From Russia, with Love of Legal London

If not absolutely love of, then at least interest in, from a delightful group of young Russian lawyers whom I took around this week on a circular tour of the Inns of Court area of London, starting and finishing at the Law Society in Chancery Lane.

During an induction programme before the lawyers went off to short secondments in City law firms, organised by the Law Society as part of a Russo-British exchange programme, my job was to show them some of Legal London’s hidden gems, and also to answer questions on the system of England & Wales for the education and training of lawyers and on anything else law related that they fancied asking me.

However, first there is the question of what is Legal London. If you look at in terms of contribution to UK GDP, it isn’t in the area of the Temple, Strand, Chancery Lane and Holborn; it is further east in the City of London alongside the banks, brokers and accountants.

But a tour of the office blocks of the City, unless done through the perspective of modern architecture, would reveal very little visually about what was going on in City solicitors’ firms.

In contrast, the physical world of barristers is far more transparent, as you can see the advocates walking to and from court, peer (though not obtrusively) into the busy pit of the clerks’ rooms, and admire the Range Rovers, Porsches and Mini Coopers in the surface car parks of the Inns (side note – many junior barristers throughout the country work very hard for relatively modest financial reward).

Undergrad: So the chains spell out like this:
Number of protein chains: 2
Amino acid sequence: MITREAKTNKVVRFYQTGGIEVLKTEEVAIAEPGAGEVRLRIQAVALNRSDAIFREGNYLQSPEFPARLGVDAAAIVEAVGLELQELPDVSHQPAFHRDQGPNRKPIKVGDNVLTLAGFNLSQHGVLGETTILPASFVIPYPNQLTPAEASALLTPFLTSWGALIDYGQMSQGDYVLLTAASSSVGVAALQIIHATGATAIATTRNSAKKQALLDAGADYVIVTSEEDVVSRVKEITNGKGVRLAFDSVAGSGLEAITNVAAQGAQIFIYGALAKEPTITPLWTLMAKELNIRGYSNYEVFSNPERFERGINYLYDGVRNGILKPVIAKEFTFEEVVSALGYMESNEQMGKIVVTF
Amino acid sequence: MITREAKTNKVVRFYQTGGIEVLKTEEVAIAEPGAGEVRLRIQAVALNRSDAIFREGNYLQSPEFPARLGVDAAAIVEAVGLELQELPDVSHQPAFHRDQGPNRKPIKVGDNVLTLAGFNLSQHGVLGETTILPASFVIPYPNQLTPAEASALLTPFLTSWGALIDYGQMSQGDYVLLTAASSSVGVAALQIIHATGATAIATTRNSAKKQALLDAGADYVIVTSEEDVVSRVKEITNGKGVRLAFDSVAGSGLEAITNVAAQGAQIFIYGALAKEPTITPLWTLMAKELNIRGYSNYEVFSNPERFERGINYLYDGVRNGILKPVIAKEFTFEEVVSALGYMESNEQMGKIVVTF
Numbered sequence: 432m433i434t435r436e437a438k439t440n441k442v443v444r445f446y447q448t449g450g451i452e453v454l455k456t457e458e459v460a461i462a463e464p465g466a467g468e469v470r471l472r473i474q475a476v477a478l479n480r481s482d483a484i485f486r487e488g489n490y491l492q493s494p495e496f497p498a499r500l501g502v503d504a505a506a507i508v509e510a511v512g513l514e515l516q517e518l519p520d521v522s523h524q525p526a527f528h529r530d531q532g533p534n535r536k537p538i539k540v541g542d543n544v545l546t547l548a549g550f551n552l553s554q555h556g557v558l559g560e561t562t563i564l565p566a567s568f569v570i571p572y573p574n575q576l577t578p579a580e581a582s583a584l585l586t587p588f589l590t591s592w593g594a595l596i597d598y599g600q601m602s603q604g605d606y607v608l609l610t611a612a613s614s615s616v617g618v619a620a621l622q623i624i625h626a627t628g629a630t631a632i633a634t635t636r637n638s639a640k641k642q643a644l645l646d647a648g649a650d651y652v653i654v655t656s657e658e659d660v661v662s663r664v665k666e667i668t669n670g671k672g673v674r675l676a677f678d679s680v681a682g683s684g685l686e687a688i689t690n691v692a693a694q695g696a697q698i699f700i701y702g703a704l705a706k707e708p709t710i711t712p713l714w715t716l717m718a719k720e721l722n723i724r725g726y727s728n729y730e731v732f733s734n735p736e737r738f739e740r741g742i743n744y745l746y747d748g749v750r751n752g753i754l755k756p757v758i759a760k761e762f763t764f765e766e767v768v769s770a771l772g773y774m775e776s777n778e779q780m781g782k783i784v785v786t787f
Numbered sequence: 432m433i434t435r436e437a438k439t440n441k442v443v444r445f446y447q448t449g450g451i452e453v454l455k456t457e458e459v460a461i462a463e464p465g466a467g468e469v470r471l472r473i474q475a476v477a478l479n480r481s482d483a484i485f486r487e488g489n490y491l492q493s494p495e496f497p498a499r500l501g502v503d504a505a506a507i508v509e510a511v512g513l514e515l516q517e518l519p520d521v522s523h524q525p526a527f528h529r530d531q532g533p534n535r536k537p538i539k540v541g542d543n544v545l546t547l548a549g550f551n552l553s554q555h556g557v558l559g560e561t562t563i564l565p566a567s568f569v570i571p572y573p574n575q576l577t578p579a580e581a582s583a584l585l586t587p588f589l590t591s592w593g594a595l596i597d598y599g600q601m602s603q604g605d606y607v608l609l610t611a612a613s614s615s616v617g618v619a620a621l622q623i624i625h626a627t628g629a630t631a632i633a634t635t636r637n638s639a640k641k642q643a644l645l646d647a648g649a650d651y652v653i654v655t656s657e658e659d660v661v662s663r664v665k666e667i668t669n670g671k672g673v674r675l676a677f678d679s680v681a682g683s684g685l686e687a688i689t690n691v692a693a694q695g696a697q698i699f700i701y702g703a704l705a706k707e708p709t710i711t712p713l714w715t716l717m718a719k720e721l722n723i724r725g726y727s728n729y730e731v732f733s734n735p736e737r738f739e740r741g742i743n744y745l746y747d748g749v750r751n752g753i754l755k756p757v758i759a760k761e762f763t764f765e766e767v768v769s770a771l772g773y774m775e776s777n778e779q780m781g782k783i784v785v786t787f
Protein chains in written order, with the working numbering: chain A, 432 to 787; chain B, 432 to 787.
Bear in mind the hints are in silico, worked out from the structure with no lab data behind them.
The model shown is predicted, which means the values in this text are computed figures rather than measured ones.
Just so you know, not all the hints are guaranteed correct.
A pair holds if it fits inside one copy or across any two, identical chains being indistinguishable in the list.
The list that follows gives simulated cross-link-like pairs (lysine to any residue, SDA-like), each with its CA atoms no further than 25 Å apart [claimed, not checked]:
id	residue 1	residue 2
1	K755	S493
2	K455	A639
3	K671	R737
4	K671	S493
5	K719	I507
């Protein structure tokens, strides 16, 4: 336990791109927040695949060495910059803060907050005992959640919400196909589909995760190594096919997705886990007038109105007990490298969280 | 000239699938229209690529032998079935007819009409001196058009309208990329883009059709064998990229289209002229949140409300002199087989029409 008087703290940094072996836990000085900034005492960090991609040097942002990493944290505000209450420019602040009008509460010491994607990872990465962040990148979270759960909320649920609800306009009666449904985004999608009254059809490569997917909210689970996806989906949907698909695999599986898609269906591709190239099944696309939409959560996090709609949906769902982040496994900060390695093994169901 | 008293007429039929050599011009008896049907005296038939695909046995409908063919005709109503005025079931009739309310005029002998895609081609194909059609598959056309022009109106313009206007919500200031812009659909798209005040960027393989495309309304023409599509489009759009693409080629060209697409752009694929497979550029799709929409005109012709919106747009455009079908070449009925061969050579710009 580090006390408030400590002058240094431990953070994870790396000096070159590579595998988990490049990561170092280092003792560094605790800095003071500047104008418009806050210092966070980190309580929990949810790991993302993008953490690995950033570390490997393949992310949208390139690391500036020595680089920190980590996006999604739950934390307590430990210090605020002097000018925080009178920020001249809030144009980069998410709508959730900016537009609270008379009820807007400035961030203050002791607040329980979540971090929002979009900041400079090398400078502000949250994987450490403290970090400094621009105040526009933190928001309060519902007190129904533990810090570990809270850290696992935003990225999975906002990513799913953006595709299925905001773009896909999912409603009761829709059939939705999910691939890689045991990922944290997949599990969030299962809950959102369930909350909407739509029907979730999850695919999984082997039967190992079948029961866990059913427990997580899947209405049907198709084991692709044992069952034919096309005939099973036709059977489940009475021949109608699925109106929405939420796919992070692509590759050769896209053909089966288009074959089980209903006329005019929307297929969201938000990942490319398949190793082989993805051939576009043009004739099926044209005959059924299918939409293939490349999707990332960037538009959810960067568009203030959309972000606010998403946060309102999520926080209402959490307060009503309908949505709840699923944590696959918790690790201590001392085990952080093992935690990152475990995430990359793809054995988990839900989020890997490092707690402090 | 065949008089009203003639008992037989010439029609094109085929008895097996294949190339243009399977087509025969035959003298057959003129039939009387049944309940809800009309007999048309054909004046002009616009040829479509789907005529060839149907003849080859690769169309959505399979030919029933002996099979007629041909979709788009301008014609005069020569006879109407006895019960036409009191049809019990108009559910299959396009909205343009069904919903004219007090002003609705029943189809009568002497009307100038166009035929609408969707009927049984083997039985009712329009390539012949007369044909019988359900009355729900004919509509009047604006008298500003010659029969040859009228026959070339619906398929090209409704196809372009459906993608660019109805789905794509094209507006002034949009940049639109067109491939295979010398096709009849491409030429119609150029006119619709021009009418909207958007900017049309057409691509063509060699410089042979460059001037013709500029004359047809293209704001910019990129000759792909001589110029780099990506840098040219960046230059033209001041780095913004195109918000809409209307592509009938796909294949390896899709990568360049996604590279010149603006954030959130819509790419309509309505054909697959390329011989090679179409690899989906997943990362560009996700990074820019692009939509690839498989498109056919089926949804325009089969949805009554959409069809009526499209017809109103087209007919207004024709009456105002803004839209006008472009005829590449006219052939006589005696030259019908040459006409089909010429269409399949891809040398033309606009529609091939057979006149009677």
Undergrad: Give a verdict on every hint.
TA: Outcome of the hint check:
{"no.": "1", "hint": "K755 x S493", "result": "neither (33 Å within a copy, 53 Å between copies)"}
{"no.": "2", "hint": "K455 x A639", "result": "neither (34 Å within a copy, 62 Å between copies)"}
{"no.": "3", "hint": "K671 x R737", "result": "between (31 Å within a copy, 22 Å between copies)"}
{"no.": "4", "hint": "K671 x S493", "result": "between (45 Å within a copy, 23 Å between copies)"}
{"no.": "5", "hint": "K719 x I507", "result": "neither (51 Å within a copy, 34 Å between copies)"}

My guests were interested in all things concerning the practice of law in this country, and at one point we stopped for a lively impromptu seminar on the structure of barristers’ business organisations and to consider what, if you are an important QC as head of chambers, you actually do.

Nevertheless there was time also for the stuff that usually entertains any visitor to this closeted part of London, and we laughed at how the British can call a square built in the early 1800s, New Square, we noted the ephemera of cats and dogs on the Royal Courts of Justice, we regarded the building where David Bowie once worked as a lowly photocopying operator, and we found the hidden Judges’ entrance to the Temple – to adopt the phraseology of the late John le Mesurier in Dad’s Army, Londoners are really rather good at having these hidden entrances to things.

Beneath the pomp and the circumstance lies a long-established system of law that remains, by any survey I have seen, the dominant jurisdiction of choice for the resolution of disputes in cross-border transactions.

Yet life does seem to imitate the art, or rather the architecture, of these hallowed places of legal practice, and by coincidence a colleague mentioned to me this week the story of a young lawyer recently admitted to Lincoln’s Inn to become a barrister who, when asked why they had chosen Lincoln’s Inn, answered “Because it looks like Hogwarts”. See photograph for q.e.d.